Two medieval books called the Poetic Edda and the Prose Edda are
the two main sources of Norse mythology. The Prose Edda was written
around 1220 by a scholar from Iceland named Snorri Sturluson as a
handbook for aspiring poets. The Poetic Edda is a collection of
ancient mythological lays. It is now said to be found in a single
manuscript, the Codex Regius. This manuscript is said to have
been copied in Iceland in the late thirteenth century.
The supreme God of the
Norse Vikings was the one-eyed King Odin. Odin’s son was Baldur, who
was killed by a mistletoe flung at him by his blind brother.
Baldur’s death signaled the Battle of Ragnarok, the Norse’
Armageddon. The gods were overpowered by giants and monsters.
According to mythology, Baldur rose again and he became their God.
The Vikings believed
that the Northern Lights, which flashed from time to time in the
northern skies, were caused by the flashing amours and spears of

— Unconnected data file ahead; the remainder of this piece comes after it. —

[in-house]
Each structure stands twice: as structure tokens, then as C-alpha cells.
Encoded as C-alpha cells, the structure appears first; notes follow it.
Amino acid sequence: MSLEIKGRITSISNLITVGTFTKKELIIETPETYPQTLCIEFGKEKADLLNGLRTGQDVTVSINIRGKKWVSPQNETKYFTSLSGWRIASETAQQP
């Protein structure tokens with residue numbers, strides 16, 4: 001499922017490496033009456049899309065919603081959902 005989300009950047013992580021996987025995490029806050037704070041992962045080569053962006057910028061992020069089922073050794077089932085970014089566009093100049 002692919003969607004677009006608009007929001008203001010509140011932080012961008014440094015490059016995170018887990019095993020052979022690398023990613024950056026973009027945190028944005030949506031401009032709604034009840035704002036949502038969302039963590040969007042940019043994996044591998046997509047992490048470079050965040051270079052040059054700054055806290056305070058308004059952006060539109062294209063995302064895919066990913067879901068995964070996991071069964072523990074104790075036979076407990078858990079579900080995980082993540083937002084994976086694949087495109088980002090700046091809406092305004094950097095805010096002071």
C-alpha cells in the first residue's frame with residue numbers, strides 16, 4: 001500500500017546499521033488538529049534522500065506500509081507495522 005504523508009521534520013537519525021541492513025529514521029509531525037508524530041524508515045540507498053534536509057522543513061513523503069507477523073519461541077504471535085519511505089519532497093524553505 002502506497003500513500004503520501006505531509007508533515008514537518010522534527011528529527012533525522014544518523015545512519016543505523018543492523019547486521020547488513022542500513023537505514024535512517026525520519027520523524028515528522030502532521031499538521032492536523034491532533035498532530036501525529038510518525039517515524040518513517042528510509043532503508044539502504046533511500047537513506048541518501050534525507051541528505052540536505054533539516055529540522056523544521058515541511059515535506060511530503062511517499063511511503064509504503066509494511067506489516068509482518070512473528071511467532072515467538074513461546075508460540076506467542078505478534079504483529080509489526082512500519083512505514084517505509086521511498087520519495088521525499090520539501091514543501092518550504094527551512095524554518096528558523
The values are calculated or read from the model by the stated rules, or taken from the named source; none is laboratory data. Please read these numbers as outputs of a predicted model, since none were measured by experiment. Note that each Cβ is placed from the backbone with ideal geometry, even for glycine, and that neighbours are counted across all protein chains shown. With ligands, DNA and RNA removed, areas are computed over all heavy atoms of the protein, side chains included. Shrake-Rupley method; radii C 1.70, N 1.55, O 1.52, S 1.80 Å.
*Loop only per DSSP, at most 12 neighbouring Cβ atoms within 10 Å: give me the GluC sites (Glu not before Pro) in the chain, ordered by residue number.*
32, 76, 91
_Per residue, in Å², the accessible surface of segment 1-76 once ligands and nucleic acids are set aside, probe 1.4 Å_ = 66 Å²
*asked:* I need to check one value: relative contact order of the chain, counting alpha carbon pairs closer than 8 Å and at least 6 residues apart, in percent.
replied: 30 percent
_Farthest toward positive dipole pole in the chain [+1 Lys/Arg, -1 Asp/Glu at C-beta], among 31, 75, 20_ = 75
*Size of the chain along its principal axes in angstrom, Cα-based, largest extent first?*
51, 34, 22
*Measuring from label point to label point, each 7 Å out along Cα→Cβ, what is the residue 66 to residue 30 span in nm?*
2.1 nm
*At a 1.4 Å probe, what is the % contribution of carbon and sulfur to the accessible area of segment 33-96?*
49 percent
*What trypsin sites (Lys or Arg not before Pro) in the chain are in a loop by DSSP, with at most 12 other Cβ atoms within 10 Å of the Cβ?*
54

Odin’s handmaidens, who were riding out to collect warriors slain in
The birth of the
Early Scandinavians had their own explanation for the birth of
the universe and mankind. They believed that the universe was born
out a Great Void. The first living being to emerge was a giant Ymir,
who is considered to be the ancestor of the Frost Giants, an evil
race. The ancestor of the Gods, Buri was created out of the blocks
of salty ice around Ymir’s head. Buri married a giantess and had
three children – Odin and his two brothers.
From where did the
first man come?
Norse mythology further says Odin and his siblings slew Ymir and
fashioned the world from his carcass. The first men and women were
whittled out of two pieces of driftwood by Odin, according to
legend. These human beings were given a home in Midgard or Midgarth,
which meant Middle Enclave. Here, the gods built their home and
called it Asgard. It was located on a high crag that was connected
to the Earth by the shining rainbow bridge of Bifrost. Soon after
Asgard was built, Odin’s eight-legged horse Sleipnir is said to have
There is a cult of the
Norse gods, still existent in Iceland. The cult goes by the name
Asatru, which means Belief in the Gods. Members of the cult conduct
their ceremonies according to Norse rituals and the rites are
recognized by the state.